How to delegate properly (without feeling guilty)

Delegation is not a skill we're born with – it's a learned characteristic

How to delegate properly (without feeling guilty)

Delegation – easy in principle, a nightmare in practice. The bane of every perfectionist’s working day, having the confidence to delegate properly, and without feeling guilty, is a skill that needs perfecting – especially in remote work.

Read more: One in five Canadians don't trust their managers – and it's killing EX

According to London Business School professor John Hunt, only 30% of managers believe they can delegate well – and only one third of them is actually considered a “good delegator” by their employees. Delegation is not a skill we’re born with – it’s a learned characteristic that needs to be taught. And while a study from i4cp found that while half of employers are very concerned about their managers’ abilities to delegate, only 28% offer any training on the topic.

So where’s this disconnect coming from?

Overwork, burnout and a lack of delegation

There’s a leadership crisis on our hands. HR leaders are working more than ever before – workloads are increasing every day. Combine this culture of overwork with remote models, found to increase isolation and stress, and it’s no wonder leadership teams are struggling. In the face of such worrying data, we need to get serious about delegating. But how to begin? Well, it all starts with redefining your role.

If you’re looking at this from an chief human resource officer’s perspective, if you yourself think you’re being overworked, then take a moment to look at your responsibilities. If your role has begun to merge with occupational health and safety or legal and compliance, and you’re finding yourself floundering, it’s time to step back and speak up. Going to your CEO and explaining that you have too much on your plate right now isn’t anything to be ashamed of – remember you’d want your junior HR employees to come to you. 

From here, you need to make a plan of what you can take on yourself and what to pass over. Are there any tasks that would be a waste of your time – anything that can be outsourced so you can prioritize more important matters?

Say for instance that you’re in the midst of a huge restructuring strategy – something that impacts the very future of your organization – and you’re asked to look over some payroll accounts or see to some general admin. That can be given to someone in your team. Use that as a coaching moment – show your people what you expect, teach them a new skill, and save yourself some time in the process. And, when passing all this information over, Dr Melanie Peacock, associate professor of HR at Mount Royal, says you need to be very articulate.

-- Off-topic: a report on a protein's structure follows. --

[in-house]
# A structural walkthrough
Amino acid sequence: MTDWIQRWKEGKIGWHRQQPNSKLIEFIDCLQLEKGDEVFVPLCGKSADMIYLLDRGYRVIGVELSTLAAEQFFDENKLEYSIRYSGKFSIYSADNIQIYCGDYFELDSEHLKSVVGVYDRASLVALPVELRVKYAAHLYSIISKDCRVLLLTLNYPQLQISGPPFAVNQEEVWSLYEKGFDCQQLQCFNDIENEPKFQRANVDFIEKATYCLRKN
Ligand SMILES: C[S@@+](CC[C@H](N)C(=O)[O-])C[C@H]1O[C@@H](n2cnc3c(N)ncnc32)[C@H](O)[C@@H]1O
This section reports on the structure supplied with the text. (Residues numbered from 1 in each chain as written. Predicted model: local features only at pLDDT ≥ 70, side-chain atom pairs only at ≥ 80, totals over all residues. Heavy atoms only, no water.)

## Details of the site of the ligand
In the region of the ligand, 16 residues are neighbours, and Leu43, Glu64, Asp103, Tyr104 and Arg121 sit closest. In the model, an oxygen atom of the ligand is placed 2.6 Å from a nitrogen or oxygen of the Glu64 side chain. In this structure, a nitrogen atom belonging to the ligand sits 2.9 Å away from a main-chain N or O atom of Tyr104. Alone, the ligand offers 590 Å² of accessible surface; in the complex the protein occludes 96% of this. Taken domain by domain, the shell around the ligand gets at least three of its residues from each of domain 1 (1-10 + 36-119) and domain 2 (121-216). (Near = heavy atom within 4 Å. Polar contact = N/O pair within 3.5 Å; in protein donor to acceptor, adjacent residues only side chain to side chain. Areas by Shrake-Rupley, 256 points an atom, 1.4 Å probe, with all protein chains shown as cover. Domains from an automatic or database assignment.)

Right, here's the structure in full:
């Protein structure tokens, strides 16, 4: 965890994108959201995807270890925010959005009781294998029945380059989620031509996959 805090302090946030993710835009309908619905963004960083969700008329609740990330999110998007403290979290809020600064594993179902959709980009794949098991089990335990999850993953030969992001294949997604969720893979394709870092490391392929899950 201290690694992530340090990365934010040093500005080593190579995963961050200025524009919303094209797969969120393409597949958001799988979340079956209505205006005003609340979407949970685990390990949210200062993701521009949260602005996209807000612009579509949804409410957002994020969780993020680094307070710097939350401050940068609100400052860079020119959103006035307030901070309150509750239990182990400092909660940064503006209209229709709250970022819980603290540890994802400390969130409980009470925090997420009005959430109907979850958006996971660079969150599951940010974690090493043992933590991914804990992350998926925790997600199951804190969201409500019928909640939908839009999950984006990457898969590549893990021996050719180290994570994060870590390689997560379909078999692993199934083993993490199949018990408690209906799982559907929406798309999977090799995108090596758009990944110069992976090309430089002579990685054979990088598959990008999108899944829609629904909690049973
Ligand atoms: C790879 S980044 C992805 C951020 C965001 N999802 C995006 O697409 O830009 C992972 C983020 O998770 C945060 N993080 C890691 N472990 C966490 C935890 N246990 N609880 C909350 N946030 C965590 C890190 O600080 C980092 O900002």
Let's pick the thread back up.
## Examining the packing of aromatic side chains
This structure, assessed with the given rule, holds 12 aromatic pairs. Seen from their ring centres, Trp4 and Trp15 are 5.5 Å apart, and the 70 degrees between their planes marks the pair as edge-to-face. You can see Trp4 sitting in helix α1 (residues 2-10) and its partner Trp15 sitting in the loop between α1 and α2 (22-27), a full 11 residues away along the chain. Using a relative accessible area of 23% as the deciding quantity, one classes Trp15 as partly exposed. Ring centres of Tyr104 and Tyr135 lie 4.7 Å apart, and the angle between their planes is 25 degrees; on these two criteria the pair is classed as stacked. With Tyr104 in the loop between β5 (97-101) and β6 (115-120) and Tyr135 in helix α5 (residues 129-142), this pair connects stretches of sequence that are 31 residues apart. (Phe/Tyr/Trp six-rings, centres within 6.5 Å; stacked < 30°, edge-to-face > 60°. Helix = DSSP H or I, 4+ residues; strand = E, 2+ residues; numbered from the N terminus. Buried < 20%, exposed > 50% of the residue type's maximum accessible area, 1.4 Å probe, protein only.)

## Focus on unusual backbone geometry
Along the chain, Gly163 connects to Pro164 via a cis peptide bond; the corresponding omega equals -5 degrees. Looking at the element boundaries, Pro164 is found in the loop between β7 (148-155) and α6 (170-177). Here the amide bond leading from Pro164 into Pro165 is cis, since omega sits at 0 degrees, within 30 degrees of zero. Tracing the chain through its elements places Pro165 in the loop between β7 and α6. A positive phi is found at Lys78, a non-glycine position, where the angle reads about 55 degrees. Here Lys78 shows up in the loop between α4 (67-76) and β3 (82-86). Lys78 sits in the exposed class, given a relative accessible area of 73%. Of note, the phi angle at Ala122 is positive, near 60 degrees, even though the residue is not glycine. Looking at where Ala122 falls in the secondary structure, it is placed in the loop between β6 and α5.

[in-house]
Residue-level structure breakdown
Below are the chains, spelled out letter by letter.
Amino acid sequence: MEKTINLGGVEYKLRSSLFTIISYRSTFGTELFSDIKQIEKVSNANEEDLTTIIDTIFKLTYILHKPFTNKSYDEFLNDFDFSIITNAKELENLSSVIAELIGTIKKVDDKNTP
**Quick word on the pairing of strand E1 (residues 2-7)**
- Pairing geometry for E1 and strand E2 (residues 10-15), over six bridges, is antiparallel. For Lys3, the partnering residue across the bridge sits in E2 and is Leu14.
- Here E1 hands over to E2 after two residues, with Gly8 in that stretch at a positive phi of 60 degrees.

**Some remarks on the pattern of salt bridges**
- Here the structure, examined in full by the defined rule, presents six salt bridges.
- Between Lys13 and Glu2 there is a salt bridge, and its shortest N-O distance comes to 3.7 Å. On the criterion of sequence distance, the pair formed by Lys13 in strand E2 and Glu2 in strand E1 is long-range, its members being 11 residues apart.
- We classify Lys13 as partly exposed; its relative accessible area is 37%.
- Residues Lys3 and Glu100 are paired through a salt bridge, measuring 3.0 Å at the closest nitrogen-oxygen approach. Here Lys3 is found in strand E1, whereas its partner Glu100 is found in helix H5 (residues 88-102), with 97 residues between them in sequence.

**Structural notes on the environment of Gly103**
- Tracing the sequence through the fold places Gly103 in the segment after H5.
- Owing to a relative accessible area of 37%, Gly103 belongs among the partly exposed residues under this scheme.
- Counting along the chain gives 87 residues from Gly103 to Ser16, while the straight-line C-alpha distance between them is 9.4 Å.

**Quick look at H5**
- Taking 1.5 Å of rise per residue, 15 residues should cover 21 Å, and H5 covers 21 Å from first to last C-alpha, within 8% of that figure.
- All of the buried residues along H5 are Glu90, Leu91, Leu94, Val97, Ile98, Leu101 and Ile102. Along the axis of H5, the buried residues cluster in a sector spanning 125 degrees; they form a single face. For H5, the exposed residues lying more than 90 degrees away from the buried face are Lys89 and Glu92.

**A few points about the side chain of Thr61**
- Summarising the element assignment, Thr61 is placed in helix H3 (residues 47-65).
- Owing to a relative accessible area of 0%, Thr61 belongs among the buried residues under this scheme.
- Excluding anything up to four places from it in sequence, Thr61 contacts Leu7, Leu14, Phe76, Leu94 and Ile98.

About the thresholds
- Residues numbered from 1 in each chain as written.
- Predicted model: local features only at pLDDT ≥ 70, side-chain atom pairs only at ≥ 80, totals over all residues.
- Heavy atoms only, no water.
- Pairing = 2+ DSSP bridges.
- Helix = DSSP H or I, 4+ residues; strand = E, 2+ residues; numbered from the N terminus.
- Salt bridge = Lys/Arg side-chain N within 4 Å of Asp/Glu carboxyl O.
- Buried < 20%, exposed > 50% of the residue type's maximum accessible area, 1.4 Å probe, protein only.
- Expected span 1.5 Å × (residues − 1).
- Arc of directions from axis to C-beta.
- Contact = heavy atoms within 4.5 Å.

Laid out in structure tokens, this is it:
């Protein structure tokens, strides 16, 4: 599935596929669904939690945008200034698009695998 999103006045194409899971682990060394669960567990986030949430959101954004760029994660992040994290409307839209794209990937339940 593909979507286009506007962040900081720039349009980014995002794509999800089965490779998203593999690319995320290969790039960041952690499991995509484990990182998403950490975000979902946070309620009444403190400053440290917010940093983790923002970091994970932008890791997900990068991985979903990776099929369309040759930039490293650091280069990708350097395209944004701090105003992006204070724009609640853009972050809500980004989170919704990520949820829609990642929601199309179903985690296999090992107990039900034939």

“It’s important to understand why you’re delegating,” says Dr Peacock. “Are you doing this to help employees upskill? Is this part of succession planning? Are you doing this as a strategic learning opportunity? Once the reason is crystal clear, it should be shared with employees so that they fully understand why you’re asking them to take on the work.”

Dropping the guilt and embracing collaboration

HR is the glue that keeps the rest of the organization together. The HR function is the only one that has to work with every other sector in the business – everything from finance to firing to festive parties, it’s all part and parcel of human resources. As such, it’s the first function that people go to for help – and if you’re not adept at delegation then you will inevitably become swamped.

A warning, however. Do not use delegation as a means to shirk on your responsibilities – this is toxic leadership at its worst. Delegation is a two way street and will only work if you have the trust and respect of those you're delegating to.

Read more: Is a lack of trust crippling your company?

“One should delegate tasks but not ultimate responsibility,” says Dr Peacock. “Again, communicating this to employees lets them know that they can approach you with questions and ask for help as they are taking on new assignments. Following these steps helps create realization that you are ultimately delegating work for the benefit of employees and not to lessen your own workload, thereby alleviating any guilt associated with these actions.”

The dangers of quiet fleecing in delegation

Since the advent of quiet quitting and quiet firing, another worrying trait has reared its ugly head – quiet fleecing. The act of stagnating wages in the face of inflation and cost of living fears, it’s intrinsically linked to “bad delegation” – specifically when you continually delegate to the same set of people.

“I believe that we get into bad habits of asking certain talented employees to do things outside of their remit,” says organizational psychologist Dr Amanda Potter. “Employers may think “Oh, this person’s great at this particular task, I’ll just ask them to do it again and again”, which is causing burnout. Sometimes employers don't recognize how long things take – we have a bias for underestimating tasks until we actually perform them ourselves.”

Over-delegating and pushing work on employees that you know will always come through won’t help anyone in the long-run. Instead, it fosters even more burnout and absenteeism. When done correctly, there shouldn’t be any guilt in delegation. Remember, be compassionate in what you’re asking your people to do for you, and work together as a team to share the load. 

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